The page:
I decided I needed to pray. I needed to be the one leper who returned to thank Jesus. I learned over my years of suffering that the one place I could escape my wife’s observation was in the bathtub, so that had become my private retreat for uninterrupted prayers. After profusely thanking God for His gift of healing I stopped to listen and the following prayer came to me:
My dearest Lord, I ask that You grant me the honour of allowing me to be Your servant. Make me, like St Francis, an instrument of Your peace.
Take my feet and lead them where You need me to be. Take my hands and guide them to do the work You need to have done. Take my voice, dear Lord, and let it ever praise and glorify Your name and thank You for all Your graces and mercies. Inspire it, dear Lord, to speak the words You need to have said.
Take all my thoughts and my will and replace them with Your own, that I might never offend You again. Take all my senses and let them know only the beauty and goodness of Your creation. Take my mind and fill it with wisdom, that I might understand the needs You have of me and the needs of my fellow man. Take my heart and fill it with a pure and unending love for You and for my neighbour. Take my soul, dear Lord, and fill it with an unshakeable faith in You and in Your holy Church.
I have no merits, Lord, to justify this request; but You are the same God who sent Your Son, Jesus Christ, to suffer rejection, betrayal, humiliation, torture and death so that I might be saved. I beg You, therefore, through that same Divine Mercy, to grant that I might bear true fruit of Your vine, so that all who approach me may receive the seed of wisdom in their mind, the seed of love in their heart and the seed of faith in their soul and that they might also receive the nourishment that comes from the very roots of Your holy Church, so that those seeds might flourish and mature fully.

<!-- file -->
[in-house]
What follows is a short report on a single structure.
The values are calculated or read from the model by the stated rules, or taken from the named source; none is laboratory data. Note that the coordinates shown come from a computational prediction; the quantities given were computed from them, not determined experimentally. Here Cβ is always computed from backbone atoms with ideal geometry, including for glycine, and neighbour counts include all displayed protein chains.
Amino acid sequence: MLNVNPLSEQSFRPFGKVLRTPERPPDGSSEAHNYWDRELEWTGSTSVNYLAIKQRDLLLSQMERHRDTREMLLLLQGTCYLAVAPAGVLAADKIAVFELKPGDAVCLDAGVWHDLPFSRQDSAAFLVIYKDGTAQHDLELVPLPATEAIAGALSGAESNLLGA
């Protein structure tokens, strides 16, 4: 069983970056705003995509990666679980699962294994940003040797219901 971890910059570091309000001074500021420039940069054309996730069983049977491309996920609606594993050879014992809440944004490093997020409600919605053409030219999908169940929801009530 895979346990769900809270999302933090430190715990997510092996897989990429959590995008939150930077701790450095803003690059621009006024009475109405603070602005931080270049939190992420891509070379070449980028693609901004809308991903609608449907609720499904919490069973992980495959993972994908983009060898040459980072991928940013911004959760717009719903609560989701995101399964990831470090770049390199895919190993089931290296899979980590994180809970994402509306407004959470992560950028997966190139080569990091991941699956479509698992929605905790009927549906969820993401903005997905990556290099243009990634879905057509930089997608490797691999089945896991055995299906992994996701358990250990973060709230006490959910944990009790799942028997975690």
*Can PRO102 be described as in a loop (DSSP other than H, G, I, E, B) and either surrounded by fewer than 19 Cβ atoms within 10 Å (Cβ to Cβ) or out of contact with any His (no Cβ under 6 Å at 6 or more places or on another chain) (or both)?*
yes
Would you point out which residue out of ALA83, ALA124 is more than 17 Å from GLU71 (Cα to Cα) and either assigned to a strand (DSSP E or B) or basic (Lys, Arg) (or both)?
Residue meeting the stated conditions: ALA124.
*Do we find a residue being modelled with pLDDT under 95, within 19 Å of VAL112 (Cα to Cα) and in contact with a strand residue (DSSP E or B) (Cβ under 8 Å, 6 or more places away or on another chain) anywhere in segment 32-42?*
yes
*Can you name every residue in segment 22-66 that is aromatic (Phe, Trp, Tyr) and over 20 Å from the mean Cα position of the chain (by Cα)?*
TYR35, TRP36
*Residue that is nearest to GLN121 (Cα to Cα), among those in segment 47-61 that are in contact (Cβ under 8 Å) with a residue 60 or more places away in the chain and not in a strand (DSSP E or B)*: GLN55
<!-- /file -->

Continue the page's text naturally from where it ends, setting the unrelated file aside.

Knowing my own nature, Lord, I ask also that You allow Your mother, Mary, to watch over me, gently chastise me, and lead me back to the true path each time I stray.
I ask this in the name of Your Son, my Lord and Saviour, Jesus Christ, the Divine Mercy Himself; who always has been, is, and always will be so good to me.
Next week: What Next?
Two weeks ago I recounted my battle with despair over years of severe chronic pain. I promised to post Promise Kept last week. I was, ironically, unable to keep my promise. This week I beg your pardon and present my delinquent post.
I was once again battling cellulitis with twice-daily visits to the hospital for IV antibiotics. This added burden compounded the detrimental effects of my opioids. I began having hallucinations, but they were very real to me. I saw the devil invade my body in the form of worms. I scrubbed myself with harsh detergents and salt to banish these parasites. I became paranoid. My doctor ordered me hospitalized.